Rules & FAQs

Safety and Fun are always our top priorities at Scotsgrove! We are proud to be a horseman’s barn and promote horseback riding in a positive safe environment. With that in mind, some of our rules may come across as strict, but this is to keep our riders safe. Thank you!

If you are ever unsure or have a question don’t hesitate to ASK LESLIE or one of the instructors! We love questions and want to help!

General Barn Rules

  1. NO smoking or alcohol on the grounds – this is a HUGE fire and safety hazard, but even more so around horses and hay.
  2. Closed-toed shoes are required within the barn, most importantly when horses are being tacked and mounted.
  3. Hard Hats are required for all riders when mounted at all times.
  4. No running in the barn or towards a horse – this can spook a horse.
  5. Do not drive over the barn lawn – that is the location of the septic tank.

Payment

  1. We take cash or check. We do not take any cards at this time.
  2. If you pay in cash – please give this directly to an instructor with the rider’s name attached. A labeled envelope is great!
  3. If you pay with a check – please make sure the rider’s name is somewhere on the check.

Cancellations

  • Please give us 4 or more hours notice if you must cancel. Otherwise we will have to charge for a no-show. It takes an instructor (or sometimes two!) to bring in your horse, tack it up, and prepare for a larger lesson.
By Emie McGee

By Emie McGee

Practice Ride Rules
Practice rides are available for students who may have to catch, groom and tack a horse. Plus they must be able to ride with limited supervision in the ring. This is a time where you are taking charge of your own horsemanship. This includes taking care of your tack and your horse.

  1. You must be “Leslie Approved”- this means the rider and their guardian must talk with Leslie before coming in to practice ride to check availability of an appropriate horse and whether the rider is ready to ride with limited supervision.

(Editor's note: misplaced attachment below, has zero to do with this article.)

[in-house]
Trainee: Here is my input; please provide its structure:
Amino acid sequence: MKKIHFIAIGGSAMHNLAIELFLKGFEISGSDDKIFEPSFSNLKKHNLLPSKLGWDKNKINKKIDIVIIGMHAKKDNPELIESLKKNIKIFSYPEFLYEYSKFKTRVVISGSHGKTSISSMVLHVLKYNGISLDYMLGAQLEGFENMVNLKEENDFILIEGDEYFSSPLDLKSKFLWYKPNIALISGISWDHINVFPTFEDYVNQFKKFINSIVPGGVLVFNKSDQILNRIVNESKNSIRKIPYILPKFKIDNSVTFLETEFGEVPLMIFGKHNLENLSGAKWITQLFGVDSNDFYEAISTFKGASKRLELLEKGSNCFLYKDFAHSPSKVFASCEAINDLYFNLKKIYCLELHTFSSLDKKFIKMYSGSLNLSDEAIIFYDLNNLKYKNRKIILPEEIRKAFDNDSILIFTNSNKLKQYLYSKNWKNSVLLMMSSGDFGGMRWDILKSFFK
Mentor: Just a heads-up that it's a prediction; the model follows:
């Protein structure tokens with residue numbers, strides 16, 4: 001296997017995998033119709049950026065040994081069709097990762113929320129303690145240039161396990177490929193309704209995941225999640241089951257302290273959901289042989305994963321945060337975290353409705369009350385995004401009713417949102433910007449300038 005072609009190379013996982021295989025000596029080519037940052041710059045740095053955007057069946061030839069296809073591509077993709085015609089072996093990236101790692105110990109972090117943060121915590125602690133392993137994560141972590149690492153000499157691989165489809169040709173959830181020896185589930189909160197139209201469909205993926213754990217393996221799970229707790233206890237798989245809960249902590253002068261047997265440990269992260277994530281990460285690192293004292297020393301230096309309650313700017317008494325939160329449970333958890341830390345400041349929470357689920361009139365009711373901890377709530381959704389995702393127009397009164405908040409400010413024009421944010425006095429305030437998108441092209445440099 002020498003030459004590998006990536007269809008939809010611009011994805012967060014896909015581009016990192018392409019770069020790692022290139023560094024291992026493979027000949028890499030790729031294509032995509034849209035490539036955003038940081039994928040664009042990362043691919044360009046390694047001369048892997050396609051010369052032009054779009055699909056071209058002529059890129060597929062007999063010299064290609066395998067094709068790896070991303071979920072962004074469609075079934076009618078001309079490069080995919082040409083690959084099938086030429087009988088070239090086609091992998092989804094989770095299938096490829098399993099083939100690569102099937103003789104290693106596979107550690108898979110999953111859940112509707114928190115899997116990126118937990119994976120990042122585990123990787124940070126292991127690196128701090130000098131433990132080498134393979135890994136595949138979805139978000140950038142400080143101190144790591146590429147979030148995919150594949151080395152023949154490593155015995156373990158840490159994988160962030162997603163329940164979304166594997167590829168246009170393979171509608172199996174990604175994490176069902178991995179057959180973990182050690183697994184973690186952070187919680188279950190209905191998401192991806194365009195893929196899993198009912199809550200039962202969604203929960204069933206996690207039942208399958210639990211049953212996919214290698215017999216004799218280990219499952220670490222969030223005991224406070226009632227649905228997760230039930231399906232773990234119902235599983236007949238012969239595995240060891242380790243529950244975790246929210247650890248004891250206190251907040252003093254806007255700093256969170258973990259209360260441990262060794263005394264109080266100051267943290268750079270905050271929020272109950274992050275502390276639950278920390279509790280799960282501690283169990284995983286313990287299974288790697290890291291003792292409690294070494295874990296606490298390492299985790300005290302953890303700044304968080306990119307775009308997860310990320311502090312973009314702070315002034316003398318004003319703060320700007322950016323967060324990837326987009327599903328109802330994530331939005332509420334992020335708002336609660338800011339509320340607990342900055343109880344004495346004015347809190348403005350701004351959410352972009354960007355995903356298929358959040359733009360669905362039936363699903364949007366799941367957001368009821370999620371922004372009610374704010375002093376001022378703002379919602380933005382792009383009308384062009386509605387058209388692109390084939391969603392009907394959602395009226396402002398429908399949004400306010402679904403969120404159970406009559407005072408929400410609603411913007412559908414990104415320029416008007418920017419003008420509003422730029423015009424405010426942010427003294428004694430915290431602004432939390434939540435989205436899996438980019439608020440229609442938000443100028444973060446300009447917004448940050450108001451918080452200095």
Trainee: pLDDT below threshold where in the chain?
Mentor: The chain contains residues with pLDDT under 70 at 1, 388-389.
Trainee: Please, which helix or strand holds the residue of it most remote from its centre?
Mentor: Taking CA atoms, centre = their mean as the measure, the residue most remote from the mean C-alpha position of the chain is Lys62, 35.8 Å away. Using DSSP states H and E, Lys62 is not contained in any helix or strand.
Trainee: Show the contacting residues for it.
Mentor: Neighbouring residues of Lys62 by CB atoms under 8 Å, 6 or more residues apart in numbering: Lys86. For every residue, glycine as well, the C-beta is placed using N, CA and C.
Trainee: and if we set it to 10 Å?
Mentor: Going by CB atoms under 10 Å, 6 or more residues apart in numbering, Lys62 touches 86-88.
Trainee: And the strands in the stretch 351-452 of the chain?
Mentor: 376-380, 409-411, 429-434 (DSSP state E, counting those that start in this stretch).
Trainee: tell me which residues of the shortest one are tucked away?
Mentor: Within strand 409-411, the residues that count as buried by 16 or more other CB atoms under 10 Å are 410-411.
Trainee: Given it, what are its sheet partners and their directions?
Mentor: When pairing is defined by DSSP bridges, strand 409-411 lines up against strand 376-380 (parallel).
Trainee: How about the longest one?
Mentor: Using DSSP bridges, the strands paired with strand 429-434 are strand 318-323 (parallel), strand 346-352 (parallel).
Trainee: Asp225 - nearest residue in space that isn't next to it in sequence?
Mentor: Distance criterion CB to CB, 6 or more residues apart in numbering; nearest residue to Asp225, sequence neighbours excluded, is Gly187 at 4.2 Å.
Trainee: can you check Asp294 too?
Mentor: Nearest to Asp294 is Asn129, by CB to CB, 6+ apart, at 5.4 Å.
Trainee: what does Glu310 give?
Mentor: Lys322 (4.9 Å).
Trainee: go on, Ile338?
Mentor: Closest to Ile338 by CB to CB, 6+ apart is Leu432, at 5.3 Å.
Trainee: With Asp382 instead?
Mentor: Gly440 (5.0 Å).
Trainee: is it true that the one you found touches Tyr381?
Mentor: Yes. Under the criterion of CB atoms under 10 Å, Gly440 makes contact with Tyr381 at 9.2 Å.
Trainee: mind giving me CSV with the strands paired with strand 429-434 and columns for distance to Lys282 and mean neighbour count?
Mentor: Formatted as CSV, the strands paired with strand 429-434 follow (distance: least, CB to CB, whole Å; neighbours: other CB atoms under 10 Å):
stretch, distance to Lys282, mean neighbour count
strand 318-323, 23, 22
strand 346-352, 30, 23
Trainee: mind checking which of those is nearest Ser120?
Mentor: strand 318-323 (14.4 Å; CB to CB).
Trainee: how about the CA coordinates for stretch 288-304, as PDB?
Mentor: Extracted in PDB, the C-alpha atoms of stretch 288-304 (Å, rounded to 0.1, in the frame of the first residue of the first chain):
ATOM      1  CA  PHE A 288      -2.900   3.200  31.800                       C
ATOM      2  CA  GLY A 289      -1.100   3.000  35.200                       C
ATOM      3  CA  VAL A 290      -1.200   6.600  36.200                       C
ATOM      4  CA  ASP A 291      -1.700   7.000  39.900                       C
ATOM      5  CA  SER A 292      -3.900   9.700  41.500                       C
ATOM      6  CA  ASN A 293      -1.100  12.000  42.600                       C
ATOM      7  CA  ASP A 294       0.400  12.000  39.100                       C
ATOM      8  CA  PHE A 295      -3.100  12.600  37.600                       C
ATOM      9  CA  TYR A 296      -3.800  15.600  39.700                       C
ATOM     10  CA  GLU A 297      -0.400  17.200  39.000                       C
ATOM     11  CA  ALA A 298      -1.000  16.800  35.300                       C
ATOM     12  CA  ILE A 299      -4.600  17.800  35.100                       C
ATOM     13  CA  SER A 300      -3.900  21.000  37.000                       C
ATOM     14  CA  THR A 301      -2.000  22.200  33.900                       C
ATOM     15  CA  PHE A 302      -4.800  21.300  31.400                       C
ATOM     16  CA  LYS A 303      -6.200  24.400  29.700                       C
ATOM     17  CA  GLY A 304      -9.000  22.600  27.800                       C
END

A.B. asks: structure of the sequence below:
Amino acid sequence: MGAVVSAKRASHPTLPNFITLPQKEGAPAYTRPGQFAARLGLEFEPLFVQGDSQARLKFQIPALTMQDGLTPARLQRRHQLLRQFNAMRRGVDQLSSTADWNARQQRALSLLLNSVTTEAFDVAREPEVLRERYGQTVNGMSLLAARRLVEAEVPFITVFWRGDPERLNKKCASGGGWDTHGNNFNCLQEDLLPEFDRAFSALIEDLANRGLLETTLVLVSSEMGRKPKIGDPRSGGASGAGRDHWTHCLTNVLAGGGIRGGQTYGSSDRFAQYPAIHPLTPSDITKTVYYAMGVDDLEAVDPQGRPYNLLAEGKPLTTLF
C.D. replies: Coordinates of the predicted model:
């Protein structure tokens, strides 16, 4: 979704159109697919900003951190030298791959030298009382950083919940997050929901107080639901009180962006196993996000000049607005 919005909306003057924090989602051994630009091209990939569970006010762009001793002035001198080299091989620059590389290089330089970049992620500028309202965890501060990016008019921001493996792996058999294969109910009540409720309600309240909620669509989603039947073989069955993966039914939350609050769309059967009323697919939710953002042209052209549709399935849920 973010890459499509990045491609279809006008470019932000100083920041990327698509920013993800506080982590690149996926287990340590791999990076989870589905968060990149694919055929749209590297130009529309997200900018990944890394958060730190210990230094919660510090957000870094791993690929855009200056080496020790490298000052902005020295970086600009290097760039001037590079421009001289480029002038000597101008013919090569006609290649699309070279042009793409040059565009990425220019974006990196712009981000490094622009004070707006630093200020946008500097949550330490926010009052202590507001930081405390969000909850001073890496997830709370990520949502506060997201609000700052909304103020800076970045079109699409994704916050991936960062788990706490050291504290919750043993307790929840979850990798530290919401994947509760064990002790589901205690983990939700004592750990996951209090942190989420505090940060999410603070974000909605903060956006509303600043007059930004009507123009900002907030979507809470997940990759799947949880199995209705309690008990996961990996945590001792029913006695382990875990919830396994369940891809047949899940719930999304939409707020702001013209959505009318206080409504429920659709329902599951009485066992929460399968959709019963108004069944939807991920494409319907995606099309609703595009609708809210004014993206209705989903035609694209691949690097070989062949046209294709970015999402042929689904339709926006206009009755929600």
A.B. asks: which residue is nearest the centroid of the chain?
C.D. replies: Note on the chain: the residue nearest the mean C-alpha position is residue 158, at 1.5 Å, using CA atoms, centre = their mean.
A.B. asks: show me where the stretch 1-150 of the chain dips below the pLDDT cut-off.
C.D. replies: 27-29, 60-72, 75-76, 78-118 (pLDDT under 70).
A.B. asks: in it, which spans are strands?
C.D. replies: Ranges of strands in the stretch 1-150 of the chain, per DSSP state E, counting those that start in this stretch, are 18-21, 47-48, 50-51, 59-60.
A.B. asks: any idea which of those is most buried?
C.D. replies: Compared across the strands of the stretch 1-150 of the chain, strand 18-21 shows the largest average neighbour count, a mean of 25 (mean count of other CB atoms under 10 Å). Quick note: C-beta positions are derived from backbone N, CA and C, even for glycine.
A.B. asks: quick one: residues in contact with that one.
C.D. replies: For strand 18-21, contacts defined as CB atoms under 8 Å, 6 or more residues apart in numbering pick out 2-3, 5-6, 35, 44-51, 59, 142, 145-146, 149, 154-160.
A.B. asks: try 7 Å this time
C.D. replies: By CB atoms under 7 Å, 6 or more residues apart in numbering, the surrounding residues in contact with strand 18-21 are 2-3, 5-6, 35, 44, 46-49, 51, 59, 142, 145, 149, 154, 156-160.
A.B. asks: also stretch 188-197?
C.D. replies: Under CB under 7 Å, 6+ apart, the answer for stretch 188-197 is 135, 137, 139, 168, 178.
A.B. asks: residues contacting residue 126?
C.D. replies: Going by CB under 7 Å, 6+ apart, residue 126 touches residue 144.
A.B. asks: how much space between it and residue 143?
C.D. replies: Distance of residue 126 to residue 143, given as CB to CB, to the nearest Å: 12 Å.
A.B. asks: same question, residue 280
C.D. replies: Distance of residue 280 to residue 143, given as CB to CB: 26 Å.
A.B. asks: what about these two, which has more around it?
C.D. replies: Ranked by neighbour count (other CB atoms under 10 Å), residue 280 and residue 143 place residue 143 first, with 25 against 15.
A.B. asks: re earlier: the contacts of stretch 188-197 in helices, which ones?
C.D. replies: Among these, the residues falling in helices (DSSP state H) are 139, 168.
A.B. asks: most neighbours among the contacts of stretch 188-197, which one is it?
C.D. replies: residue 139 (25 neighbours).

2. Practice rides are $15.00 or the rider can clean their tack and what tack is on the cleaning hook instead!
  3. You must be able to tack up your horse by yourself – you can of course ask an instructor to check your tack!
  4. No Jumping or Trail Rides without an instructor – practice riders may be invited to join a lesson trail ride for no further charge.
  5. Minors must be supervised at all times – this can include instructors, parents, and/or barn staff.
  6. We encourage finding a practice riding buddy – riding with a friend is always more fun!
  7. Practice rides are only allowed in the ring for about 30 minutes – but be sure to allow extra time to take care of your tack and horse!
  8. Clean up after yourself and your horse – this includes cleaning the tack you used, scooping up any accidents your horse may have made in the cross-ties, and putting your horse back out to pasture if possible.

Being in the Audience – parents and siblings
Sometimes it’s hard to contain siblings or maybe a parent wants their own nature time, here are some things to consider when you aren’t the one riding.

  1. Under the pecan tree is one of the best spots on Scotsgrove, one of our barn family members made the super comfortable benches and everyone is welcome to sit and watch the lesson from here.
  2. Everyone is welcome to explore the grounds around the barn and pet any horses within the barn – though we ask younger children to be accompanied.
  3. Please keep loud or flying objects to a minimum – horns, frisbees, and footballs can spook a horse!
  4. You are welcome to take a nature walk on the closer barn trails, but do so with the expectation you may see a trail ride group come by! Don’t hide, and speak up so we know where you are.
  5. NO swimming or wading in the pond. It goes very deep, very fast and there are snapping turtles and snakes (like any natural pond!).
  6. It may seem silly, but please keep children from destroying Ms. Leslie’s flowers. They are planted beside the large log jump on the barn lawn, around the benches, and around the security light pole.
By AliceKay McMillan

By AliceKay McMillan